Mon-Brecon Canal
The canal runs for almost all its route within the Brecon Beacons National Park, an area of outstanding natural beauty covering over 500 square miles. For much of its 35 miles it follows the River Usk. On the route, Abergavenny and Brecon are both bustling market towns and Crickhowell is an interesting country town with numerous other villages to explore.

The Mon & Brecon Canal today
This peaceful and almost entirely rural waterway is a must-see for nature-lovers. The Llangattock escarpment is designated as a Special Site Of Scientific Interest (SSSI), and is the entrance to an extensive cave network. The canal passes through a World Heritage Site, which contains industrial landmarks such as the Big Pit Mining Museum. The Cefn Flight of fourteen locks has also been recognised as being of international significance, and is on Cadw's list of Scheduled Ancient Monuments. As the Mon & Brec is not currently accessible from any other waterway, most boaters cruise it on a hire-boat.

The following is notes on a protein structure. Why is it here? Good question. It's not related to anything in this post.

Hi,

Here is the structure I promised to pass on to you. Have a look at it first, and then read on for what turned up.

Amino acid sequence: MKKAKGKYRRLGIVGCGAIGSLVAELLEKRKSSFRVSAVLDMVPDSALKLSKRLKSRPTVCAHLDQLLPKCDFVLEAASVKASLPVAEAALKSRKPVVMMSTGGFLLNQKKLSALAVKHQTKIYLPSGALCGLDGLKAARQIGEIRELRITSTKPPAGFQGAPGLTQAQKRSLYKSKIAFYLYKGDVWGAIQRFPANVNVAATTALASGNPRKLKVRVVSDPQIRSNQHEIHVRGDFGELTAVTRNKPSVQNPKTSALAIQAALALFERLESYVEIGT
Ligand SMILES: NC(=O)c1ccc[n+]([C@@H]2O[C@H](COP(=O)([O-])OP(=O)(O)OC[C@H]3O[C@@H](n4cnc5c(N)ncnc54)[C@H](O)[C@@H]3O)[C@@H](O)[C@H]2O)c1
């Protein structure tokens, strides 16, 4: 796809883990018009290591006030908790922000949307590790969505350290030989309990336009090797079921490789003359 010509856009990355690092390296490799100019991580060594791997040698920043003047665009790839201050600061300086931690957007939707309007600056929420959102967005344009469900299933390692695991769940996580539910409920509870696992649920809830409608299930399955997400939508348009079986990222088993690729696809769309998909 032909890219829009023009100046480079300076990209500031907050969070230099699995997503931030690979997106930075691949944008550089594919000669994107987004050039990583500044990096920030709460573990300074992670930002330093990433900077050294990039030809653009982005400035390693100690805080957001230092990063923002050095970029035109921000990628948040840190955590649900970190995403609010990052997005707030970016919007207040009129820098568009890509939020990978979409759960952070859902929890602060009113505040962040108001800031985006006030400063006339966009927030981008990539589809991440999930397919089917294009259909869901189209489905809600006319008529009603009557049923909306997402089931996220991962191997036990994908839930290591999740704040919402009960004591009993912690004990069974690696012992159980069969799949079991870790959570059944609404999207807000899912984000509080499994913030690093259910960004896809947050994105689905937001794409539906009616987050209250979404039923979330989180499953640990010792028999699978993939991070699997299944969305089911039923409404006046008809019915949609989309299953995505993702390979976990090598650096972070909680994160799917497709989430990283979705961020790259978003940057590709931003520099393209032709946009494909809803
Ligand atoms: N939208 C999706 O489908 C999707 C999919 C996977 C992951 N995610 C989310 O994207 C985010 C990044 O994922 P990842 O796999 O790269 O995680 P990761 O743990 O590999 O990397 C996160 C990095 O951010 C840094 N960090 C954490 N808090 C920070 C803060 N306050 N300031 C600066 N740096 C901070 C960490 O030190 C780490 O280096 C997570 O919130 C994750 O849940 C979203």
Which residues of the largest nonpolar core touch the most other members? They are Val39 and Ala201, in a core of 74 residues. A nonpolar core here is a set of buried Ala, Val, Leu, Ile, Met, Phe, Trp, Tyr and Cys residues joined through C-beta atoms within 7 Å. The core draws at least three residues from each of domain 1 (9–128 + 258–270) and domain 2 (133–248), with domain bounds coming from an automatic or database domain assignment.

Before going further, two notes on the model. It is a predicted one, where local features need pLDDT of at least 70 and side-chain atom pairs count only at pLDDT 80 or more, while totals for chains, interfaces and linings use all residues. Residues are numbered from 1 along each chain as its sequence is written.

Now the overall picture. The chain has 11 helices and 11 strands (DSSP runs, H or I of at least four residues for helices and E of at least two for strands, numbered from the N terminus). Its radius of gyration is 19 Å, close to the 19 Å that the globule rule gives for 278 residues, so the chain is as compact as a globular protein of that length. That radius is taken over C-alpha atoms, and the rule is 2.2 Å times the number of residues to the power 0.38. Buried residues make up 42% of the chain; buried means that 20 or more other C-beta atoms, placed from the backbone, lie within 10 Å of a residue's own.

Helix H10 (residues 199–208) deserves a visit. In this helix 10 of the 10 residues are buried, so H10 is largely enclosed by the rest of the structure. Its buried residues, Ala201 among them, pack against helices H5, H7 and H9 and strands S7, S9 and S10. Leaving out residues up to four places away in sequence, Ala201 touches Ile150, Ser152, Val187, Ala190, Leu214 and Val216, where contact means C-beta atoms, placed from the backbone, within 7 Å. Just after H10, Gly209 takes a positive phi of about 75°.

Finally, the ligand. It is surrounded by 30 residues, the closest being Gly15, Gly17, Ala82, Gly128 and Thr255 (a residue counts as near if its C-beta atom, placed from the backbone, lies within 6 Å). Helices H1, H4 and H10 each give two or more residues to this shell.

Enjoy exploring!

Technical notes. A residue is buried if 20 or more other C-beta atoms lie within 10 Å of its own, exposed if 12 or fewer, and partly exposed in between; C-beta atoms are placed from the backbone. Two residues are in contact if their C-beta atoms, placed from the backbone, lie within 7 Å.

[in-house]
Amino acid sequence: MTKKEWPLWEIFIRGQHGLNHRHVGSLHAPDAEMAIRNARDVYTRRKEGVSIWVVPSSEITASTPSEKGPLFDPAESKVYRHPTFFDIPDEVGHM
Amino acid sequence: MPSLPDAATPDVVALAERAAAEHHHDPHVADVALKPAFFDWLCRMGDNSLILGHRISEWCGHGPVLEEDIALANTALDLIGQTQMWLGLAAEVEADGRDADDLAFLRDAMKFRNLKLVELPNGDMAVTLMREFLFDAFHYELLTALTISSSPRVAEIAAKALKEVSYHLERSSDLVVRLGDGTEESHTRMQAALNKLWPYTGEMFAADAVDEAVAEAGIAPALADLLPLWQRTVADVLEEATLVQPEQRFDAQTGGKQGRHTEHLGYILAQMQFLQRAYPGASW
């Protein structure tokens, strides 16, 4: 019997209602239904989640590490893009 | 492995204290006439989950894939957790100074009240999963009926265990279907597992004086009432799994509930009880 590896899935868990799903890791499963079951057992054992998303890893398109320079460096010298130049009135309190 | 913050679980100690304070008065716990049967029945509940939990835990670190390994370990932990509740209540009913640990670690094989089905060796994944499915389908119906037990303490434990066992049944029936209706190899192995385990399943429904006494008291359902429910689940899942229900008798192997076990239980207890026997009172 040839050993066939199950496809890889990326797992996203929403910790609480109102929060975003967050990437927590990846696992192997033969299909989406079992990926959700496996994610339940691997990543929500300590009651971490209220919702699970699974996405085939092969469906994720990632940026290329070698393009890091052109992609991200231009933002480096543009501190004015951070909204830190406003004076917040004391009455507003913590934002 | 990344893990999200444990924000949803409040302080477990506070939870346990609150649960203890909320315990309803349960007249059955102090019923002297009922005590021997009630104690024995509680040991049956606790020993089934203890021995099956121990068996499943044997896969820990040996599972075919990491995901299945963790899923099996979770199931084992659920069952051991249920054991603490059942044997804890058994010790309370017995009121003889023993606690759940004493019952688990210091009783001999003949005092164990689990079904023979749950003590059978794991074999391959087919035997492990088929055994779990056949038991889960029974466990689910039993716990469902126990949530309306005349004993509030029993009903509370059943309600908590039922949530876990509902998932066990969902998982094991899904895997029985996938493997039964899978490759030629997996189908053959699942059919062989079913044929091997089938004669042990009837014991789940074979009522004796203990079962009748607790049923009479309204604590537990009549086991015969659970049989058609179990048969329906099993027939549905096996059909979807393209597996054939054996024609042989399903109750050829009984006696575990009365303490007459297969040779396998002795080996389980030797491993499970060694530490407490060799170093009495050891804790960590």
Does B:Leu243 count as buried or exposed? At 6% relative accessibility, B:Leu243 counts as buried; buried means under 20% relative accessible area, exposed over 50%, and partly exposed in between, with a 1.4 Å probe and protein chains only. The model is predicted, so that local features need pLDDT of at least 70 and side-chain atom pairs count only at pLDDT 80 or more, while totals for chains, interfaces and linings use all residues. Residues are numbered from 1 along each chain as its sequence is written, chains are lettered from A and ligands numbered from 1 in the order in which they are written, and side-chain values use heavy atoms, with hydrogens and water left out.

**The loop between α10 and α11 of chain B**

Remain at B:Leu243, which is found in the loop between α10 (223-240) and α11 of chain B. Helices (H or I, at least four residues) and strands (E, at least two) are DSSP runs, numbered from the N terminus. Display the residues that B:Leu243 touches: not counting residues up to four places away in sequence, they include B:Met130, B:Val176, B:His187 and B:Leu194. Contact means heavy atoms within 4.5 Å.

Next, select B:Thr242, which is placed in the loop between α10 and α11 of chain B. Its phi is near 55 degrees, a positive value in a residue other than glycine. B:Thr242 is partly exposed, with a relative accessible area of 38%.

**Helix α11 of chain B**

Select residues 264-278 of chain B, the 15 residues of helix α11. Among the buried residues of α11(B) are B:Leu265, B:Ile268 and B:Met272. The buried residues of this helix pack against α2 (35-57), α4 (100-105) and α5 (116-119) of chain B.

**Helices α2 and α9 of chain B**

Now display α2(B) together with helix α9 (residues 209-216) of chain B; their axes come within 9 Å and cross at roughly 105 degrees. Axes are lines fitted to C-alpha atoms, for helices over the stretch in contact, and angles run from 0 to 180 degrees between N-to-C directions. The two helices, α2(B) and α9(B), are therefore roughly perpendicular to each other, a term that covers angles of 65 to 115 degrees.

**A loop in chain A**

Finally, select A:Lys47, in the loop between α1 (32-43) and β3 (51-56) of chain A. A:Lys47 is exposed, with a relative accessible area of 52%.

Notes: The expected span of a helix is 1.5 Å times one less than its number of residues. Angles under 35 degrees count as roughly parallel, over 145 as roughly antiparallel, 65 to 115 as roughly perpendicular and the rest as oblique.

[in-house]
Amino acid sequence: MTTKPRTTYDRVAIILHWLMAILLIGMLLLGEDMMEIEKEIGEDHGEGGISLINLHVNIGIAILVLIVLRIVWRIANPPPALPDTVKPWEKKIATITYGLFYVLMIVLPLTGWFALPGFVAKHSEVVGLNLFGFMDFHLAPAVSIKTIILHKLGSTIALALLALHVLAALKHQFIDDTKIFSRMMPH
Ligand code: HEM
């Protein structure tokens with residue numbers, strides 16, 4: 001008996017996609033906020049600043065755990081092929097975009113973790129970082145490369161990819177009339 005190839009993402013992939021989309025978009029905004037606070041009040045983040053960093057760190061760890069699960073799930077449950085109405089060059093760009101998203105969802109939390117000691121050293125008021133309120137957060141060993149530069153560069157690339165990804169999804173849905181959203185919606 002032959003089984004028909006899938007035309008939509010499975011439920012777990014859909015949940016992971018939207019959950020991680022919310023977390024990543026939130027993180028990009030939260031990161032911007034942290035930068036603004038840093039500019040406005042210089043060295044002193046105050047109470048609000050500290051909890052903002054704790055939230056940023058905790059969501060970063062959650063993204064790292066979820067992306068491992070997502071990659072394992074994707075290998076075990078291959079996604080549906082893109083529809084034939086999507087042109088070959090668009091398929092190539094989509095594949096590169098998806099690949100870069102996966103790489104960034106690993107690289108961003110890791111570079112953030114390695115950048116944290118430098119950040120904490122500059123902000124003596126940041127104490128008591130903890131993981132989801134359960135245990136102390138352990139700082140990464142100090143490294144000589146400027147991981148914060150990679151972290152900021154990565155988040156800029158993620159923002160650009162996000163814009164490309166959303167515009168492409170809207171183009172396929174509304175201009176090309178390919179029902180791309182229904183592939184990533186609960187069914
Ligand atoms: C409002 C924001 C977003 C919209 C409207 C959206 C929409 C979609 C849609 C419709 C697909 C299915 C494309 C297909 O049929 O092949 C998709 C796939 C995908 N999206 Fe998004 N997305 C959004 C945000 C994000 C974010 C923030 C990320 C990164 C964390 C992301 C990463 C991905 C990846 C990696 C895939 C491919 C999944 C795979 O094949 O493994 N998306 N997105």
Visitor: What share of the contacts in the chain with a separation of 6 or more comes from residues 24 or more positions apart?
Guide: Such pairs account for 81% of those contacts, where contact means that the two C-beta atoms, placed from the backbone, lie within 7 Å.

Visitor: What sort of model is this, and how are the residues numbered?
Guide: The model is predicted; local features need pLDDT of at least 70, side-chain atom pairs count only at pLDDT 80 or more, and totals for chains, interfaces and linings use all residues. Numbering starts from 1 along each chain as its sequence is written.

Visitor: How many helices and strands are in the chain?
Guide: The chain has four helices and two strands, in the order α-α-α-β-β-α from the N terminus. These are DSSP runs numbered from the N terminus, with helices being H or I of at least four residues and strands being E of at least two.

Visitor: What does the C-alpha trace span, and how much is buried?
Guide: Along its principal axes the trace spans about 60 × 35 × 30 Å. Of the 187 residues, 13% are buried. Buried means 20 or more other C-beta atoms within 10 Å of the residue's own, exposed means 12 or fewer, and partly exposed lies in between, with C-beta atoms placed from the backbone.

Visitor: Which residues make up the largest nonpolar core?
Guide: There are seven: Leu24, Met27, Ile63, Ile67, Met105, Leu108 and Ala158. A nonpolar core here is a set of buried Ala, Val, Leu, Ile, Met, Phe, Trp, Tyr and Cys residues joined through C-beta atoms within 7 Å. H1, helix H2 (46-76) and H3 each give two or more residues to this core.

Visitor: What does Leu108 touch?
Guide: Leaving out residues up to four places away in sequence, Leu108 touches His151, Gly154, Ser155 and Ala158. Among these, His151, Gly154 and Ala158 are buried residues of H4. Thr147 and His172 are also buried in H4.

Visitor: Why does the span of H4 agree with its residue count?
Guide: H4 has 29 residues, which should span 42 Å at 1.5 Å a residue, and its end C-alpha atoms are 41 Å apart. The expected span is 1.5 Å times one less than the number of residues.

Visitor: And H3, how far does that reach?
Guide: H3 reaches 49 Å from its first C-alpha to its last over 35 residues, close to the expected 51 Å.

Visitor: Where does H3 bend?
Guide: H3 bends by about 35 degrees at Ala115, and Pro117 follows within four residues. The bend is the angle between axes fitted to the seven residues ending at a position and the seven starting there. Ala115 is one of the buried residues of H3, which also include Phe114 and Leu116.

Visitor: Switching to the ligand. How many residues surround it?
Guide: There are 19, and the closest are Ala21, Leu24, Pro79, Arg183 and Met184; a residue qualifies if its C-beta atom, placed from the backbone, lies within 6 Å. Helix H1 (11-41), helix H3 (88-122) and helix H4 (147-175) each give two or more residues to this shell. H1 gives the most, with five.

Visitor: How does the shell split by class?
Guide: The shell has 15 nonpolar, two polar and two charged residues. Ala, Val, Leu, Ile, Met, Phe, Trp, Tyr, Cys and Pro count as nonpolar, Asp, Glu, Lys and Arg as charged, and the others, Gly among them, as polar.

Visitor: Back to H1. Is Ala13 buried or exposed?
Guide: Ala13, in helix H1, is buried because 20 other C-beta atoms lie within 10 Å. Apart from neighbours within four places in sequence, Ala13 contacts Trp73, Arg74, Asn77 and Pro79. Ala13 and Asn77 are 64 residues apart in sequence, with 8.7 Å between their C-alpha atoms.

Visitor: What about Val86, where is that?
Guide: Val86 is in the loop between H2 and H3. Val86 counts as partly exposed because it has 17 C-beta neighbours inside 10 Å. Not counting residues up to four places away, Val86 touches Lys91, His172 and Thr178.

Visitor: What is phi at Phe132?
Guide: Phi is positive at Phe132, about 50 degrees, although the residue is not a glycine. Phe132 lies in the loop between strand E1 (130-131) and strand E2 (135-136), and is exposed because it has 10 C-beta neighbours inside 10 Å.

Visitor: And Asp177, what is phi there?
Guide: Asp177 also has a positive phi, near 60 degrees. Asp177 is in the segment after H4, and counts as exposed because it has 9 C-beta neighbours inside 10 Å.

Most of the Canal Bridges are stone built and have a distinctive hump backed shape. Originally, of course, the heaviest traffic over the bridge would have been horse-drawn carts. When steam engines were introduced onto farms, some of the bridges were braced with iron braces to bear the weight; Bridge 141 is an example. Now the bridges with main roads over them have been replaced with a much stronger, traffic friendly shape. The Coach & Horses Bridge 133, in Llangynidr is a good example of this.

Throughout the Site just click on the Blue texts for more information
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